This fabulously moody game about 1940's detectives isn't a total success, but it's easily the year's most interesting big-budget video game experiment. In particular, the revolutionary performance capture system that drives the game's many witness interrogations offers what may be the most intriguing new game mechanic of this console generation: subjective judgment of another character. Asked to determine whether or not a witness is lying, there are no tricks, no combo-moves to memorize, no numbers-driven game-world systems to master. Instead, you watch the character's face, eyes, and body language, and then rely on something that strictly rule-bound games almost never employ: intuition. The challenge is equal parts frustrating and fascinating, but certainly worth a few hours of your time.
[Megan notes: I spent a few hours watching Peter played this while I played Civ IV. It was so good, I nearly brought the Xbox on vacation so that I could get a chance to play.]
Sure, it's basically a remake of Half-Life 2
, complete with a Ravenholm sequence and an interdimensional alien-lair ending. But since Half-Life 2 is one of the best games ever made, that's not much of a complaint. Resistance 3 offers both a perfectly competent clone as well as reminder of why HL2 was so great.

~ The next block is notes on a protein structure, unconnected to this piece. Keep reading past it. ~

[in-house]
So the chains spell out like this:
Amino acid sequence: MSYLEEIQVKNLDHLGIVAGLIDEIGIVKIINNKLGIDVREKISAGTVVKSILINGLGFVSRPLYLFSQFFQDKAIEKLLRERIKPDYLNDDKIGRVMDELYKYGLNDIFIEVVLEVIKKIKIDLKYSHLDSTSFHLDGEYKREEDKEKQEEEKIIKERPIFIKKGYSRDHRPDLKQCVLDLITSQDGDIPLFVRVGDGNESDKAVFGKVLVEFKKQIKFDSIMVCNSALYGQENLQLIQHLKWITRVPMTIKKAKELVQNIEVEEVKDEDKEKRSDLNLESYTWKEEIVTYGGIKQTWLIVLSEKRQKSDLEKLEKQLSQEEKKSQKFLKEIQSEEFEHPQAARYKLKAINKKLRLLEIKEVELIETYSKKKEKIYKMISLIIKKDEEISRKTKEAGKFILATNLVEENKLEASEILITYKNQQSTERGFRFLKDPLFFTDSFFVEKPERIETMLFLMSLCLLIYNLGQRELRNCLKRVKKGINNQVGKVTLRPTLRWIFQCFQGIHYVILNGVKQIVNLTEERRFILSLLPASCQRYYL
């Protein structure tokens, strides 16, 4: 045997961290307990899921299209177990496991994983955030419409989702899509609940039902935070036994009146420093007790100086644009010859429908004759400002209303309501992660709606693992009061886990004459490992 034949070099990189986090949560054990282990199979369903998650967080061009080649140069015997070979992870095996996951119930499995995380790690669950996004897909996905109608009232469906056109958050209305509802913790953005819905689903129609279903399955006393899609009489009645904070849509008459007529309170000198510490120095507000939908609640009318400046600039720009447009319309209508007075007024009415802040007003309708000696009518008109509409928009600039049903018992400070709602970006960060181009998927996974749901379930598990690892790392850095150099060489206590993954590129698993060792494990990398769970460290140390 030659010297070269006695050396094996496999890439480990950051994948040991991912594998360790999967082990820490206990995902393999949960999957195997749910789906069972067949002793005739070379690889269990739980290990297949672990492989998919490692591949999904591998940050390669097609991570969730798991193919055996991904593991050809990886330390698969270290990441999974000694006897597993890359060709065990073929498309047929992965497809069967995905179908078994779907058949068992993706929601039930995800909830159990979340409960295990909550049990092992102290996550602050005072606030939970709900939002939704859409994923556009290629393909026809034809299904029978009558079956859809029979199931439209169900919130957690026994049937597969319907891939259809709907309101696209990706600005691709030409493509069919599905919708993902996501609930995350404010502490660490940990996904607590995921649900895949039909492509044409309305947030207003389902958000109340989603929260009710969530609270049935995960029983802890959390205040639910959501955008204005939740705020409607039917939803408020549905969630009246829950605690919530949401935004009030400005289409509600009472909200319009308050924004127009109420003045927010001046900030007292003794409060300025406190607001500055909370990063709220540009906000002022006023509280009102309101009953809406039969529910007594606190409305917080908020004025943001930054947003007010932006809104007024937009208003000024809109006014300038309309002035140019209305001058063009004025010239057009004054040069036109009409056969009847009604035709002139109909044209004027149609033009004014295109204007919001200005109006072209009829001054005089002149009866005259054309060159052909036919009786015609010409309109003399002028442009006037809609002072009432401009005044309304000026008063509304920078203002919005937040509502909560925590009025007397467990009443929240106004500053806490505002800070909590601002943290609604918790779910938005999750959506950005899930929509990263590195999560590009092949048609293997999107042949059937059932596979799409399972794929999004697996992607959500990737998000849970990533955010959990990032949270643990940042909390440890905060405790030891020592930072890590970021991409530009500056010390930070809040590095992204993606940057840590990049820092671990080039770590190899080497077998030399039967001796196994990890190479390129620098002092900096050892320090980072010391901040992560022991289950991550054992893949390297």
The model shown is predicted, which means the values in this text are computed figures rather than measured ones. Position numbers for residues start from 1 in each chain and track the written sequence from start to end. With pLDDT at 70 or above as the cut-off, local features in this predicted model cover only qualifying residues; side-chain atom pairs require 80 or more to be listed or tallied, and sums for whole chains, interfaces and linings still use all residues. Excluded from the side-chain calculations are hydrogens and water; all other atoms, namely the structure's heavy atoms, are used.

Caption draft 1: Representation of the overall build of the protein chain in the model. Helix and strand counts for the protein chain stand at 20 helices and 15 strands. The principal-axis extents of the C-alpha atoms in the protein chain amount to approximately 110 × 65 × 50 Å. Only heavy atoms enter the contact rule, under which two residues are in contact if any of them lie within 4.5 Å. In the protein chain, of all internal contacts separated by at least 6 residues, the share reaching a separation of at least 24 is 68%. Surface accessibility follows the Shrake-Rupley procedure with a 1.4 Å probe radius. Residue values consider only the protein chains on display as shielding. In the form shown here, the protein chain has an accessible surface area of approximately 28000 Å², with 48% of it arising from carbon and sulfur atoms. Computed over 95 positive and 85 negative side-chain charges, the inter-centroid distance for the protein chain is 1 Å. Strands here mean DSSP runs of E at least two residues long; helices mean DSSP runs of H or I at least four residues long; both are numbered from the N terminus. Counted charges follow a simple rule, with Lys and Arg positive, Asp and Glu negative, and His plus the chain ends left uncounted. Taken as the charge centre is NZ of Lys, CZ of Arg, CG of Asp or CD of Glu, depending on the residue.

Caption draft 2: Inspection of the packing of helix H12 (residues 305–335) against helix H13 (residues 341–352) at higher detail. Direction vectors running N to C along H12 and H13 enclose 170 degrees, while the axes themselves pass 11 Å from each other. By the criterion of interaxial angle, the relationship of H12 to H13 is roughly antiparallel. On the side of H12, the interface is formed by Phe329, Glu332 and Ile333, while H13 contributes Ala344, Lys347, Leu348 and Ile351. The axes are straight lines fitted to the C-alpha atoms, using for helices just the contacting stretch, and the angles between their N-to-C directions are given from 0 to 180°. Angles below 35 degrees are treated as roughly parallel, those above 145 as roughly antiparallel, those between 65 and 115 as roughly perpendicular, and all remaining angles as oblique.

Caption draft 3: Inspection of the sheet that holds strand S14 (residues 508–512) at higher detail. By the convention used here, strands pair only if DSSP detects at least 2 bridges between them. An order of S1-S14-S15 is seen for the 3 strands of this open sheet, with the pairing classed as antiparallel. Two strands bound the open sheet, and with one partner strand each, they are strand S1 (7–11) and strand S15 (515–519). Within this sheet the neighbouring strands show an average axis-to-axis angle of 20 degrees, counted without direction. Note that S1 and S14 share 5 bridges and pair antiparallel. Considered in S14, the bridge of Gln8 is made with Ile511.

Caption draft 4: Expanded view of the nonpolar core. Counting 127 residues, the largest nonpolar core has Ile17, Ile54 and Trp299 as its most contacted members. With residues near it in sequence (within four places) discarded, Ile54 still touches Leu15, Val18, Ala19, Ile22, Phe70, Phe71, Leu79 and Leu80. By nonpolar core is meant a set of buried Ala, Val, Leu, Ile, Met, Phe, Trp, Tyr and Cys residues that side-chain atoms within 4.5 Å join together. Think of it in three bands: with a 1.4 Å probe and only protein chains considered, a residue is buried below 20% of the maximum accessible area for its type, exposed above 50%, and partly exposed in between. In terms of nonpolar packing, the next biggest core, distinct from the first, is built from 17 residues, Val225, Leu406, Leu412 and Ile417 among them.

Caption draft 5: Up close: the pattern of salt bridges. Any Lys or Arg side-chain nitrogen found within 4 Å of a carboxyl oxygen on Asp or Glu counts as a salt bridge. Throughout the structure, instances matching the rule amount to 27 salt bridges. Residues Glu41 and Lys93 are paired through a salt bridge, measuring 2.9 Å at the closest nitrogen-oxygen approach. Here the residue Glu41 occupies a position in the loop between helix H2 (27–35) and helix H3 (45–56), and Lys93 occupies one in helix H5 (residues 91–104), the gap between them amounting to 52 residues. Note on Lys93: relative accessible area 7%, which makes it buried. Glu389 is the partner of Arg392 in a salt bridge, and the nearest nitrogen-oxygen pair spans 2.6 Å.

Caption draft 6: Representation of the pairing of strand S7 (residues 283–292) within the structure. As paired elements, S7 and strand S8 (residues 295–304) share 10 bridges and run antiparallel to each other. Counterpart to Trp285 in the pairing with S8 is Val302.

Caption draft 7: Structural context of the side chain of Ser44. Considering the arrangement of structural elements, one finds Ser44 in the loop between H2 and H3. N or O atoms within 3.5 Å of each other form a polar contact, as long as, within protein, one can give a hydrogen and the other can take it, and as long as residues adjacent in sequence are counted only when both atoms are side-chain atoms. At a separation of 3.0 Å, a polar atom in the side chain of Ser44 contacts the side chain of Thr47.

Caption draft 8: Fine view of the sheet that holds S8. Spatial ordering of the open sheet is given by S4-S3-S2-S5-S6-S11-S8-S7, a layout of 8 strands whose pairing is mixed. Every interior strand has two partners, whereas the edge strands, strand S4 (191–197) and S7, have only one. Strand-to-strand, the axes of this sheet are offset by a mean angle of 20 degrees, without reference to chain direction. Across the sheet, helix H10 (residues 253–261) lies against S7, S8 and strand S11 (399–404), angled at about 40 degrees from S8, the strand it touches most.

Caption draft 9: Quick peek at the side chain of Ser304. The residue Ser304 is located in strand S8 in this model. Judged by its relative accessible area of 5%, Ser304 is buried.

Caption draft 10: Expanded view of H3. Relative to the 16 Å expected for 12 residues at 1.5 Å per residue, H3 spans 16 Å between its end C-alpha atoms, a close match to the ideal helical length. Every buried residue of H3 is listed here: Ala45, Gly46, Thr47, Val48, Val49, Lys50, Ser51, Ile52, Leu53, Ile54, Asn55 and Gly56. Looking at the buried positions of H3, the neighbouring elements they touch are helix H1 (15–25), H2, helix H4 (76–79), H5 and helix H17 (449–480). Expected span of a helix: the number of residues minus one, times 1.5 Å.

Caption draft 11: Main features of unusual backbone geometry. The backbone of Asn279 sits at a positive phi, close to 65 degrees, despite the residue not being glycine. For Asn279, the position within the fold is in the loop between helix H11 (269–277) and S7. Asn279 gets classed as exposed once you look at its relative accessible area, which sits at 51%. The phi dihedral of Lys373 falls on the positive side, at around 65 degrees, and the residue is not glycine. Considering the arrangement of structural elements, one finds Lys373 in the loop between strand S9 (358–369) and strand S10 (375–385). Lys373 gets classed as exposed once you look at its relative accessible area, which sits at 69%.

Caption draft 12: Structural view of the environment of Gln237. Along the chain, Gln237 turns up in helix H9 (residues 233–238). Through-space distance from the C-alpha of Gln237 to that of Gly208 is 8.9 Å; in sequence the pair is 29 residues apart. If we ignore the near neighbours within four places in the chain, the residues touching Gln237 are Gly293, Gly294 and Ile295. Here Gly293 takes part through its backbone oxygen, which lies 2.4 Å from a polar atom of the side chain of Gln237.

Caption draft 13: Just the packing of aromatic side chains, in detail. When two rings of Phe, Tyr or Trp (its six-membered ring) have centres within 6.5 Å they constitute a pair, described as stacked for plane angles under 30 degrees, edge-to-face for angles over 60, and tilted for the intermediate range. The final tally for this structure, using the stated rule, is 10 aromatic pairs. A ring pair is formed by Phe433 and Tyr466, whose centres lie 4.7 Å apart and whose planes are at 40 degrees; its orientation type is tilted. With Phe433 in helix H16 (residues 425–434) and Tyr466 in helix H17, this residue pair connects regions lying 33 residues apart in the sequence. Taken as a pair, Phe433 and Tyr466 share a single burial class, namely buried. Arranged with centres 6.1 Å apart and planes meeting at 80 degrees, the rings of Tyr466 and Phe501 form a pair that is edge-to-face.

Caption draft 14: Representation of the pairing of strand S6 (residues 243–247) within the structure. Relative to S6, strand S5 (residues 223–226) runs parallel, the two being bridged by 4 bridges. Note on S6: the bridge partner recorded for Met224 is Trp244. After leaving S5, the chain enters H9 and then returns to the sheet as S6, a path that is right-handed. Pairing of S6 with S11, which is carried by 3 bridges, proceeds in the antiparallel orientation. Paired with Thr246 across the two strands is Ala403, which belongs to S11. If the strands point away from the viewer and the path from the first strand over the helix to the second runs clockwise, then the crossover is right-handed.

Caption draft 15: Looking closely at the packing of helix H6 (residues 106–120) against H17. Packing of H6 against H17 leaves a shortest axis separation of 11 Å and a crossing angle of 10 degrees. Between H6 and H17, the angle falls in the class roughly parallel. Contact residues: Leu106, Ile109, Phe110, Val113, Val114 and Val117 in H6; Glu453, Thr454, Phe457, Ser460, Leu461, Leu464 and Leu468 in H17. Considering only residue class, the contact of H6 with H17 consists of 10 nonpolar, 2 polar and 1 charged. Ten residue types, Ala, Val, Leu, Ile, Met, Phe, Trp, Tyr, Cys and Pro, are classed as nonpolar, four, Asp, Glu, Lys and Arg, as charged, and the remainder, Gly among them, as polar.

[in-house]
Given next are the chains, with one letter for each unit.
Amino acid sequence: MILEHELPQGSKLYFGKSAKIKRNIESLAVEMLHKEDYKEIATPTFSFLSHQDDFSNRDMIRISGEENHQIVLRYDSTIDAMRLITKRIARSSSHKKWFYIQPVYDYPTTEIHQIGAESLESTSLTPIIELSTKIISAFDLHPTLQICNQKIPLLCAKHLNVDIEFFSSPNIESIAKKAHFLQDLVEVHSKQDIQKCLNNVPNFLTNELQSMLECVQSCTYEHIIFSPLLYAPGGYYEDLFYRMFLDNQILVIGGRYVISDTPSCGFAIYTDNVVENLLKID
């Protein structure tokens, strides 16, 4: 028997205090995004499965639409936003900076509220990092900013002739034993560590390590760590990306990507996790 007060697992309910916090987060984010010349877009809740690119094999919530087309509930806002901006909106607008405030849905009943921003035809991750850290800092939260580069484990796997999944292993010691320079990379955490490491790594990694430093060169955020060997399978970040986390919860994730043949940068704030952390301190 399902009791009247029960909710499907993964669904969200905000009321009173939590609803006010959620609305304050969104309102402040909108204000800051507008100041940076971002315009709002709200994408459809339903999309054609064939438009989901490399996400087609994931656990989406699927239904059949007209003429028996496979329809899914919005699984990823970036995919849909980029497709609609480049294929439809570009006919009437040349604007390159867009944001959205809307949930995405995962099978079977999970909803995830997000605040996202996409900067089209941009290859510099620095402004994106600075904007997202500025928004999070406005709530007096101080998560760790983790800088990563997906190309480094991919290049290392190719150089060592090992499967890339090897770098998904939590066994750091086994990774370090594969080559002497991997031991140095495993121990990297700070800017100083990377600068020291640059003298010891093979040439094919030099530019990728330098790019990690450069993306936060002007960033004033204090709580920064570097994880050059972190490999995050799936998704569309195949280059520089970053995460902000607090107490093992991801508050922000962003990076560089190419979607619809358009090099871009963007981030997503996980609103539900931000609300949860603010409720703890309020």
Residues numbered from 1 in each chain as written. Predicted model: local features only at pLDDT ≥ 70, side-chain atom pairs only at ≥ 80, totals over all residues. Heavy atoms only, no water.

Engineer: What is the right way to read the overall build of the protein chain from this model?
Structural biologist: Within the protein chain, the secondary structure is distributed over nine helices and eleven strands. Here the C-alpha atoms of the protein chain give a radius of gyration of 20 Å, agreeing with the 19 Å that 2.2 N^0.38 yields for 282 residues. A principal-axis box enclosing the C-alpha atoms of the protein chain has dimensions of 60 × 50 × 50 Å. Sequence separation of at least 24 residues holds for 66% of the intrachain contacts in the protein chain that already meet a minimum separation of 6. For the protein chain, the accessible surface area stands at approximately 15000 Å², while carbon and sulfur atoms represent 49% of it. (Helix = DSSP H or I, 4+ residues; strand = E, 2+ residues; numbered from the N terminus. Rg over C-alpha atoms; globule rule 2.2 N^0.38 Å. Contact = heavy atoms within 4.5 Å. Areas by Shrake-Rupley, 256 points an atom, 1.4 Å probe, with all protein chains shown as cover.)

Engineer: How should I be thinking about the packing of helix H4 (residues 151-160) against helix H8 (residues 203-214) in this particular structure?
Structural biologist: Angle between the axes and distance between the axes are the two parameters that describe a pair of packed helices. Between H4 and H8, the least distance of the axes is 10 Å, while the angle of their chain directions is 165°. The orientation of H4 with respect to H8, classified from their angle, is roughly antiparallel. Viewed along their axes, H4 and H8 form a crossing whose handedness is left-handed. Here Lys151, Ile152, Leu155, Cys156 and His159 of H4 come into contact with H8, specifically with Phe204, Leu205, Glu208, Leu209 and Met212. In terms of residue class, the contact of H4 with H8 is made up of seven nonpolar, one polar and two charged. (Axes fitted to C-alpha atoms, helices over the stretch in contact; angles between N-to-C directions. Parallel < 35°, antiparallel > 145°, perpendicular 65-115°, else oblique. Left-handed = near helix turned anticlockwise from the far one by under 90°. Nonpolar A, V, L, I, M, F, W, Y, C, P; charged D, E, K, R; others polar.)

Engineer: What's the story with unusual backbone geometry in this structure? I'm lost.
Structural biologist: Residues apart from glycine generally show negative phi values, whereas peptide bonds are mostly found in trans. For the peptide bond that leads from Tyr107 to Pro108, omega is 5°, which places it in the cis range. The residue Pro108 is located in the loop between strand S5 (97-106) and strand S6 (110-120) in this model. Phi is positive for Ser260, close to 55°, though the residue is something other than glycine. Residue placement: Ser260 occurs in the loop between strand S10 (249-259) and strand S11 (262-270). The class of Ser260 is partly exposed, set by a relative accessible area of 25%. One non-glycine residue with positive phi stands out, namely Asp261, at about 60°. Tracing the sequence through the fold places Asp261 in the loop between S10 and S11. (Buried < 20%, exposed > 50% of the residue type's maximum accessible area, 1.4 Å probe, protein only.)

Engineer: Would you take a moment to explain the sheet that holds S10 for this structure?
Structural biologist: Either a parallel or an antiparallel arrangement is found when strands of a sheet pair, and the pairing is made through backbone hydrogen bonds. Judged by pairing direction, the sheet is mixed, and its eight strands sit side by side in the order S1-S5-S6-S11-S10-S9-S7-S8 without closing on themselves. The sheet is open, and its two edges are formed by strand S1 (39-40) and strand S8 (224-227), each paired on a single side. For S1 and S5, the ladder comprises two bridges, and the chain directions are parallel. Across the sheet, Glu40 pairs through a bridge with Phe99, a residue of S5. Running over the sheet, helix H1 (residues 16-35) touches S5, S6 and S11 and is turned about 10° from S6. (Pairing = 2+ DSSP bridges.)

Gears of War 3
Big guns, big biceps, big aliens, big explosions, big dudes; in the Gears of War series, bigger is always better. The cadre of gruff space-Marine types who make up the primary cast all appear to have been chiseled from redwoods, with coal-mine voices and personalities cast in the mold of particularly gloomy professional wrestlers. I don't know whether or not to give the game credit for its underwhelming attempts at characterization, which are as lumbering and unwieldy as everything else in the game, but I'm not even sure it matters. The point is to blow through ammo and aliens like there's no tomorrow -- which, if the aliens win, there won't be.
Remember Doom and Quake? If you're a gamer, of course you do; they're foundational gamer texts, and two of the primary reasons that first-person shooters are so popular today. Rage is the latest original property from id Software, the creator of those landmark games, and it offers a contemporary variant on the same features that made the old classics work: a grimy, post-apocalyptic world heavily splotched in brown and grey; a seemingly endless supply of generic baddies to fill with bullet;, and a fully-stocked weapons rack worth of guns and explosive devices with which to do it. Nothing original here -- the only real change is the open-world setting and the addition of vehicles, which makes the game resemble a stats-free Borderlands -- but it's a fine, and surprisingly addictive, way to keep twitchy controller trigger fingers busy for a day or two.
. . . and onto the question I'm sure many of you are asking: should I buy a Kinect
for my gamer?
The Kinect looks fun. And someday it may be. But the technology is finicky
, and you need a fairly big room to make it work
. More importantly, there aren't enough solid games to make it worth buying right now.
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is a columnist at Bloomberg View
and a former senior editor at The Atlantic.
Her new book is The Up Side of Down